In the film, Curtis encounters obstacle after obstacle and must fight his way (with help from others) through each gate and each checkpoint. It is only after considerable effort and loss of his friends and colleagues that he breaks his way into the sacred engine room and meets its creator, the revered Wilfred. And what he discovers there rocks the entire world he thought he knew. The stolen children are being used in place of mechanical parts of the engine that have failed, and traitors in the tail have collaborated with Wilfred to “balance” the train’s population and “prune away” those who aren’t needed. In this way, they believe, they’ll achieve a healthy, self-contained ecosystem. And since most of those pruned are from the tail, no one in the front sections questions it.
There are a number of other differences between the graphic novel and the film, primarily in introducing new characters and developing this long-established and highly unusual society, but perhaps the most profound is in the underlying themes. As we’ve mentioned, the paucity of words in the graphic novel, and certainly in words of substance, leads to a very shallow and uninteresting story. In the film, however, Bong delves wholeheartedly into the nature of class structure, our self-created destruction of the world, the nature of friendship and betrayal, and how we respond to extreme events under pressure. These are all ideas that extend far beyond the two-hour movie, leaving the viewer contemplating how these themes relate to our own lives. That makes for a movie worth watching.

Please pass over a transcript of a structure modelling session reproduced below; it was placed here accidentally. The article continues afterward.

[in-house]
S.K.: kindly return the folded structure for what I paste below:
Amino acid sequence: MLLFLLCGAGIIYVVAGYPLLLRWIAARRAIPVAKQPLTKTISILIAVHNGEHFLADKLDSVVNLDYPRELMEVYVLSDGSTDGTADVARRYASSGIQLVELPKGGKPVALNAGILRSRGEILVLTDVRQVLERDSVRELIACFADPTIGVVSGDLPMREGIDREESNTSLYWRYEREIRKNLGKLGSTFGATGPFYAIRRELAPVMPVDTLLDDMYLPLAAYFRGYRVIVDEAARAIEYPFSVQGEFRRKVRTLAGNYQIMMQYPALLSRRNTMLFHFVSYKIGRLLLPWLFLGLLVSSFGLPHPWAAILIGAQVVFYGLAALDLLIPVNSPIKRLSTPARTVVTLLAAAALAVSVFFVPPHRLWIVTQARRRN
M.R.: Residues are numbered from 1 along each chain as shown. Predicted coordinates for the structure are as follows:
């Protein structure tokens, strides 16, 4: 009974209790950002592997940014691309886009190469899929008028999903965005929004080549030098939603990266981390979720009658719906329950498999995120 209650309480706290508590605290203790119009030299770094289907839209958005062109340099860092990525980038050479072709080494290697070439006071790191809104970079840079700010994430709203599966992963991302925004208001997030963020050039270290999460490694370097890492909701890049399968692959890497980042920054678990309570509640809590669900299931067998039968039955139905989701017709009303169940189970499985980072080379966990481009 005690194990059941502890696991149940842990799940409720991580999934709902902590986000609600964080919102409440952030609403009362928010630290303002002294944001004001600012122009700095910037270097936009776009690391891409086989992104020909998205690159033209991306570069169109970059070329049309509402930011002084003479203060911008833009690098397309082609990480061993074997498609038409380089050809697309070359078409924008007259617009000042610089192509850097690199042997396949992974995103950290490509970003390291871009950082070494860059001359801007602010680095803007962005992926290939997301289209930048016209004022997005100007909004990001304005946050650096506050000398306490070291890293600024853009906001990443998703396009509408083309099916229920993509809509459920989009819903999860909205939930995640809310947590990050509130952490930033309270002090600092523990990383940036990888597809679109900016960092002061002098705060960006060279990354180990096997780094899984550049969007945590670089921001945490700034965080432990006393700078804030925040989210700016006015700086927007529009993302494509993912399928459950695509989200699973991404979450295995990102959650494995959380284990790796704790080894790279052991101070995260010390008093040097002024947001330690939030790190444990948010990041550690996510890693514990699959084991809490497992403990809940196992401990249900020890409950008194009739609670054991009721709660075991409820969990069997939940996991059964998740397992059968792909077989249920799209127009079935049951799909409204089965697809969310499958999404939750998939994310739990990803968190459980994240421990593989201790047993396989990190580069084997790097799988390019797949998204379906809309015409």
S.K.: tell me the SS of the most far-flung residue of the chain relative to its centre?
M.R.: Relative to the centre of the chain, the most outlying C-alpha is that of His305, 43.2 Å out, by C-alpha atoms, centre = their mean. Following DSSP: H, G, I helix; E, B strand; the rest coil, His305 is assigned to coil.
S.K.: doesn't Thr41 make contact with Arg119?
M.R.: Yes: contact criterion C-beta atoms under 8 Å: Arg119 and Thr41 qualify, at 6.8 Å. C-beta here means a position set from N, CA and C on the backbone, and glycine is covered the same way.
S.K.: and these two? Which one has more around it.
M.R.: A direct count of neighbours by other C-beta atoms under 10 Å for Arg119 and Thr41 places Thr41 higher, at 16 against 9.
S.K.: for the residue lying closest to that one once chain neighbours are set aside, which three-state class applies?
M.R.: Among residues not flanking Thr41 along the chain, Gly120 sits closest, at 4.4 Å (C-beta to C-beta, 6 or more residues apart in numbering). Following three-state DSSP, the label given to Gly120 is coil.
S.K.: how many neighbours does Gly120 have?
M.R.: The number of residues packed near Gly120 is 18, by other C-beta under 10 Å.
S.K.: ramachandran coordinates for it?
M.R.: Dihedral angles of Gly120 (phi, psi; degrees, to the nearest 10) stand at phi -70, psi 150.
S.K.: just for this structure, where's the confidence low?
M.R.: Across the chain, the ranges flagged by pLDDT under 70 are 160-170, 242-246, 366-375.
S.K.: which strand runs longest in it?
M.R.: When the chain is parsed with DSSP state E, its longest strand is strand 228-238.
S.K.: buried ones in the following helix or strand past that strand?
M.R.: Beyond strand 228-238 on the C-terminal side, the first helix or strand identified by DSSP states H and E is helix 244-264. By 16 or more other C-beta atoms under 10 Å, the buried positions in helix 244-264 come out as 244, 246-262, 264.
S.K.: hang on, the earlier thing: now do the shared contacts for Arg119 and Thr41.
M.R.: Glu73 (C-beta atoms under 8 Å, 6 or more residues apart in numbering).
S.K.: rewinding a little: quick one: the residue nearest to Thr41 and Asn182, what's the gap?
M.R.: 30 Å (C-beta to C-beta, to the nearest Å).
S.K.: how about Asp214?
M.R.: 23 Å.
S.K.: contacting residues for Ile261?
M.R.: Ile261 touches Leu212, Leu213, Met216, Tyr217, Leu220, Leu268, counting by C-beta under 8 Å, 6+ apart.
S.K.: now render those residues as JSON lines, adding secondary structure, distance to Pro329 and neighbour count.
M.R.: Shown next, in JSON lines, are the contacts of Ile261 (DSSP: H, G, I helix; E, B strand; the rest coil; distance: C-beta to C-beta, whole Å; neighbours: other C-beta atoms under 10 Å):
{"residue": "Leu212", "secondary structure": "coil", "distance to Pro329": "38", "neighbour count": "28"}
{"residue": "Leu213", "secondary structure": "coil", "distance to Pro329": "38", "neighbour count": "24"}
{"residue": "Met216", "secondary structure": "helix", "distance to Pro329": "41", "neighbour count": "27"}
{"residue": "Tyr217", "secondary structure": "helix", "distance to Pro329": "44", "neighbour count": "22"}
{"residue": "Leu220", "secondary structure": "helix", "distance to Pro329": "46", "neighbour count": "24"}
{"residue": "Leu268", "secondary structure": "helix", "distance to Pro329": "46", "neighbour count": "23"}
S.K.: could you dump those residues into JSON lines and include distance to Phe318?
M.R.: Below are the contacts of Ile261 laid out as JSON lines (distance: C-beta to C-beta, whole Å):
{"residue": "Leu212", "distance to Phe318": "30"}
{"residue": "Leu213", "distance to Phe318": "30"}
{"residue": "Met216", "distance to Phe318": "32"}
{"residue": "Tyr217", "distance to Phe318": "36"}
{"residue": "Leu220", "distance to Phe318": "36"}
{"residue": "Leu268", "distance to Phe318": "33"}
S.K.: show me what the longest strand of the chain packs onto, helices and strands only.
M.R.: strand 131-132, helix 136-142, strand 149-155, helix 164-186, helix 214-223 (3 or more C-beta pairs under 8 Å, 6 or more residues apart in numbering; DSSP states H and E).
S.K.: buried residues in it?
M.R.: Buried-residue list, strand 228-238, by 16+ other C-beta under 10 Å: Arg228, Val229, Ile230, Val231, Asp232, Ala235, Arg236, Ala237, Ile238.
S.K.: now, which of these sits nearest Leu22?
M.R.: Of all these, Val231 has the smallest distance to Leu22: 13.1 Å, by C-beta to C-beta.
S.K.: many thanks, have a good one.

The Final Cut
So, how did “Snowpiercer” as a movie fare as a book adaptation overall? I would say that the adaptation was far superior to the source material, giving it a solid A for effort, tone, visuals, and writing.
What do you think? Do you agree? Disagree? Please add your comments in the section below.
– Miriam Ruff, Content Creator, PoetsIN
DISCLAIMER: The opinions discussed in this blog post are solely those of the blogger and do not necessarily represent any thoughts, values, or opinions of PoetsIN and any of its affiliate groups.